Series of femicides sparks protest campaign on Azerbaijani social media
Over the past five days, more than ten women in Azerbaijan have been brutally murdered or beaten in cases of domestic violence – and these are only the cases that hit the media.
This has given rise to a protest campaign under the hash tag #QadinaŞiddətəYox (#NoViolence against Women).
Who is guilty and what is to be done? Discussion on social media
Most of all, the public was shocked by the murder of Leyla Mammadova. During a quarrel, her husband stabbed her 25 times. This happened in Baku, right on the street, in front of their young children and passers-by.
Domestic violence against women is a problem widespread throughout Azerbaijan, and involves not only a woman’s husband, but other family members – including, for example, mothers-in-law, uncles or cousins.
The reason is often jealousy or dissatisfaction with the behavior of women.
Some comments from Facebook:
“Domestic violence has always existed in Azerbaijan, but mainly in the provinces. It’s just that now all these people have moved to the capital, and therefore such cases have become public and are seeping into the media.”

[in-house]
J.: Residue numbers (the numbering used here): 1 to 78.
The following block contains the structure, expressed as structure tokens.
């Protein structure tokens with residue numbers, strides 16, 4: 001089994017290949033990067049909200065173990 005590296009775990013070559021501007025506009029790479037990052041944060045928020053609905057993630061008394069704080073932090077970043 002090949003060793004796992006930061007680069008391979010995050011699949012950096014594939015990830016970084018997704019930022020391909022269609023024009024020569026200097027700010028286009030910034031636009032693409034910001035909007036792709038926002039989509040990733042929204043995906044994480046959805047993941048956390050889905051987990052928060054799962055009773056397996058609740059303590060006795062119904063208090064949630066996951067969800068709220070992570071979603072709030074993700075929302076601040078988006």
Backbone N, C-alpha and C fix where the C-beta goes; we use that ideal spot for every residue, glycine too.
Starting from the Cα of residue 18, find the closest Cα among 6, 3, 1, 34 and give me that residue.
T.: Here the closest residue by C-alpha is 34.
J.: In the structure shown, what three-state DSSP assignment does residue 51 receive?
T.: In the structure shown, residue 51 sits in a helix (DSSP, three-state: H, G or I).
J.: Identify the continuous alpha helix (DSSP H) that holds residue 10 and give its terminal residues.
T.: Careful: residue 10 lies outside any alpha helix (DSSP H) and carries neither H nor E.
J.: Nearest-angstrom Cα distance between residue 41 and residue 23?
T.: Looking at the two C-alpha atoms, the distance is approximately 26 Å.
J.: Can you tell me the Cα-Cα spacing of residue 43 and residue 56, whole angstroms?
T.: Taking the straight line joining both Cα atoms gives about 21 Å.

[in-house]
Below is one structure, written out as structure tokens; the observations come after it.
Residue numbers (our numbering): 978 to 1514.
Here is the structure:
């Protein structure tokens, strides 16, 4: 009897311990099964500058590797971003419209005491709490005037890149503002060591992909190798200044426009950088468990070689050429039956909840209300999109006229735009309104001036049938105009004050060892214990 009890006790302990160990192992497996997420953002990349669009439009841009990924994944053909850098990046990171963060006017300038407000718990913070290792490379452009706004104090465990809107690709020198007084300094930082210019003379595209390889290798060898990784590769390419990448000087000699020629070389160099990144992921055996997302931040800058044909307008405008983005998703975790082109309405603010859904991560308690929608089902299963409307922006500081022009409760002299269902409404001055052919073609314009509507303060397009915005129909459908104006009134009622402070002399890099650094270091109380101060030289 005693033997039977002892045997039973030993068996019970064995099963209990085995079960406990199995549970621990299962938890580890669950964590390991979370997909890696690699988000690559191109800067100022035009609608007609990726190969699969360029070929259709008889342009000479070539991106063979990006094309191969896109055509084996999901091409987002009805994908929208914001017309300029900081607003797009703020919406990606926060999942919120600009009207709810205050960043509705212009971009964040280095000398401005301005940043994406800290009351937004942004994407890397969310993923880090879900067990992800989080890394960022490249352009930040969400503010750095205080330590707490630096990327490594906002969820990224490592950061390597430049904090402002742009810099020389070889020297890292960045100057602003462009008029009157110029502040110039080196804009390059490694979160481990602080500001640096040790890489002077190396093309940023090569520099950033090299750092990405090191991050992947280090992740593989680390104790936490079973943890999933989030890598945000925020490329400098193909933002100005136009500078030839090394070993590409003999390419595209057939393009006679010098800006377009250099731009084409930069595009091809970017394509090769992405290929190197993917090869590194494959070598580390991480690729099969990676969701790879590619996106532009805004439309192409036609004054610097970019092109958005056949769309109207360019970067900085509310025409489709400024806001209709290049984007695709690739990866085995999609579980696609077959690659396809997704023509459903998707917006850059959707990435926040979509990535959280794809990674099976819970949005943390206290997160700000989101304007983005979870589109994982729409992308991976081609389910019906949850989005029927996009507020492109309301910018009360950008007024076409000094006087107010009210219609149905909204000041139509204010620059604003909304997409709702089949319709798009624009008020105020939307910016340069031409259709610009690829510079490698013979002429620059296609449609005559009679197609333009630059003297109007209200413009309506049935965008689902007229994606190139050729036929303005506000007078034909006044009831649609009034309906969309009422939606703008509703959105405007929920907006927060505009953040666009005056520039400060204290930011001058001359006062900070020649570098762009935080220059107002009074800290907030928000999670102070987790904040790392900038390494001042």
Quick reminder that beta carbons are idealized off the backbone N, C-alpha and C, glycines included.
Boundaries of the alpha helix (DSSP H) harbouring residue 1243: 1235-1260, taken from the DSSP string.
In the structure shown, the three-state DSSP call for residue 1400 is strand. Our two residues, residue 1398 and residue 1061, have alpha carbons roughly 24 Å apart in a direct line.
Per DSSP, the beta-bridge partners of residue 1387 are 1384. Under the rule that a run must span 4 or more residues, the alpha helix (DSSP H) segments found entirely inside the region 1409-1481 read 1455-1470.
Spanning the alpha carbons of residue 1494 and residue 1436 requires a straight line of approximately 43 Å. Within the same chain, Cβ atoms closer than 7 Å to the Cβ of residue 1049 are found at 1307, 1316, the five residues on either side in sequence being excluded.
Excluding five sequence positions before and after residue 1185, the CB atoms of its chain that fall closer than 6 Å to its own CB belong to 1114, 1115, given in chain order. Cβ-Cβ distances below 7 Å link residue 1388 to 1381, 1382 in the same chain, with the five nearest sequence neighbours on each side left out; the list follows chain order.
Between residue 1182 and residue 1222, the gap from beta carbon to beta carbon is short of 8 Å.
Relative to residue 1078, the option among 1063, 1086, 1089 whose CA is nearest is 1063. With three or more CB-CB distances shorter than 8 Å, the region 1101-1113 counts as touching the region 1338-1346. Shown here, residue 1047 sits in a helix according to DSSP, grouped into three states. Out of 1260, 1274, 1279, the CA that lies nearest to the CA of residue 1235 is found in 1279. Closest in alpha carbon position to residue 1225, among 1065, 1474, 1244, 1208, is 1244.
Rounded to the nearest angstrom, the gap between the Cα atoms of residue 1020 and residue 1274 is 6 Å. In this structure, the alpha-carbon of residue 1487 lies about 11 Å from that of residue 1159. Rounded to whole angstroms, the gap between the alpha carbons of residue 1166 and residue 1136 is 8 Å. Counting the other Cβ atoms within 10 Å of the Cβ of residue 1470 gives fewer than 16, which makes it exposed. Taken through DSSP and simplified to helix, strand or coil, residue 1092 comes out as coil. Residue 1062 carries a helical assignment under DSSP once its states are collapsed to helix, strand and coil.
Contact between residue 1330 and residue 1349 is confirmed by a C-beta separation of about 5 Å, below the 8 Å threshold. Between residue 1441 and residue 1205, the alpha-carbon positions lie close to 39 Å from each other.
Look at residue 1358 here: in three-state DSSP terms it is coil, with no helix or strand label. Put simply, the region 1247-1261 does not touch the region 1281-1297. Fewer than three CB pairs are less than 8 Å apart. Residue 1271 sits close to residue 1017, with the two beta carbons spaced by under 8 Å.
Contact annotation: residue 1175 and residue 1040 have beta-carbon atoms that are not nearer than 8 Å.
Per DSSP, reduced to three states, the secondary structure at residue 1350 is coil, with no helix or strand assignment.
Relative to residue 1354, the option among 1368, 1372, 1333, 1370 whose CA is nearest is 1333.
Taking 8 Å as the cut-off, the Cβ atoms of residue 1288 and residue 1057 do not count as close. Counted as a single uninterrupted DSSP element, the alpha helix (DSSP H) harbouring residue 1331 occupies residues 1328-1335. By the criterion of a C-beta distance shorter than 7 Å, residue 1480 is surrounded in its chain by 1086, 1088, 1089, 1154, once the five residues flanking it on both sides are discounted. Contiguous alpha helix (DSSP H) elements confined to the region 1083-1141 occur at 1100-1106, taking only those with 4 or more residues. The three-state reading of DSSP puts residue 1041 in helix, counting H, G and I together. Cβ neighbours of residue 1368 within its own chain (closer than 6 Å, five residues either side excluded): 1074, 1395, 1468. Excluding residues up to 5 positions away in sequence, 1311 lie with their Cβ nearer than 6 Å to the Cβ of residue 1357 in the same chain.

“Cruelty has no gender. We need to fight against cruelty per se, and not just against women.”
“Probably, decades of enlightenment are needed to get this medieval dreg out of their heads and lives. But where does it come from, this enlightenment?”
“The patriarchal stance in Azerbaijan is maintained thanks to women who are so comfortable [with it]. And they educate a generation that is indifferent to this hell. And even strict government measures will not change anything.”
What can the government do?
Meanwhile, the leader of the opposition REAL party, Ilgar Mammadov, believes that it is the state that should take measures to solve this problem.
In particular, Mammadov says the state should finally sign the Istanbul Convention – an international agreement of the Council of Europe against violence against women and domestic violence.
The Convention entered into force on 1 August 2014. Currently, it has been signed by about 50 countries, including Georgia and Armenia.
Officials also spoke on this subject.
MP Aytan Mustafayeva in her speech at the parliamentary meeting said “When Leyla’s husband killed her, no one came to her aid. People just looked and shot [this event] on their phone. This is terrible. Where are we going?! I believe that very serious changes should be made to the legislation and be made tougher.”
43% of women in Azerbaijan have experienced domestic violence, according to the human rights organization Advocates for Human Rights.
Azerbaijan has a law on the prevention of domestic violence, adopted in 2010. But in fact, this law practically does not work, because even the police often consider domestic violence “an internal family affair”.
This project is funded through the Democracy Commission Small Grants Program, U.S. Embassy Tbilisi. The contents of this publication are those of the Author(s) and do not necessarily represent the views of the Department of State.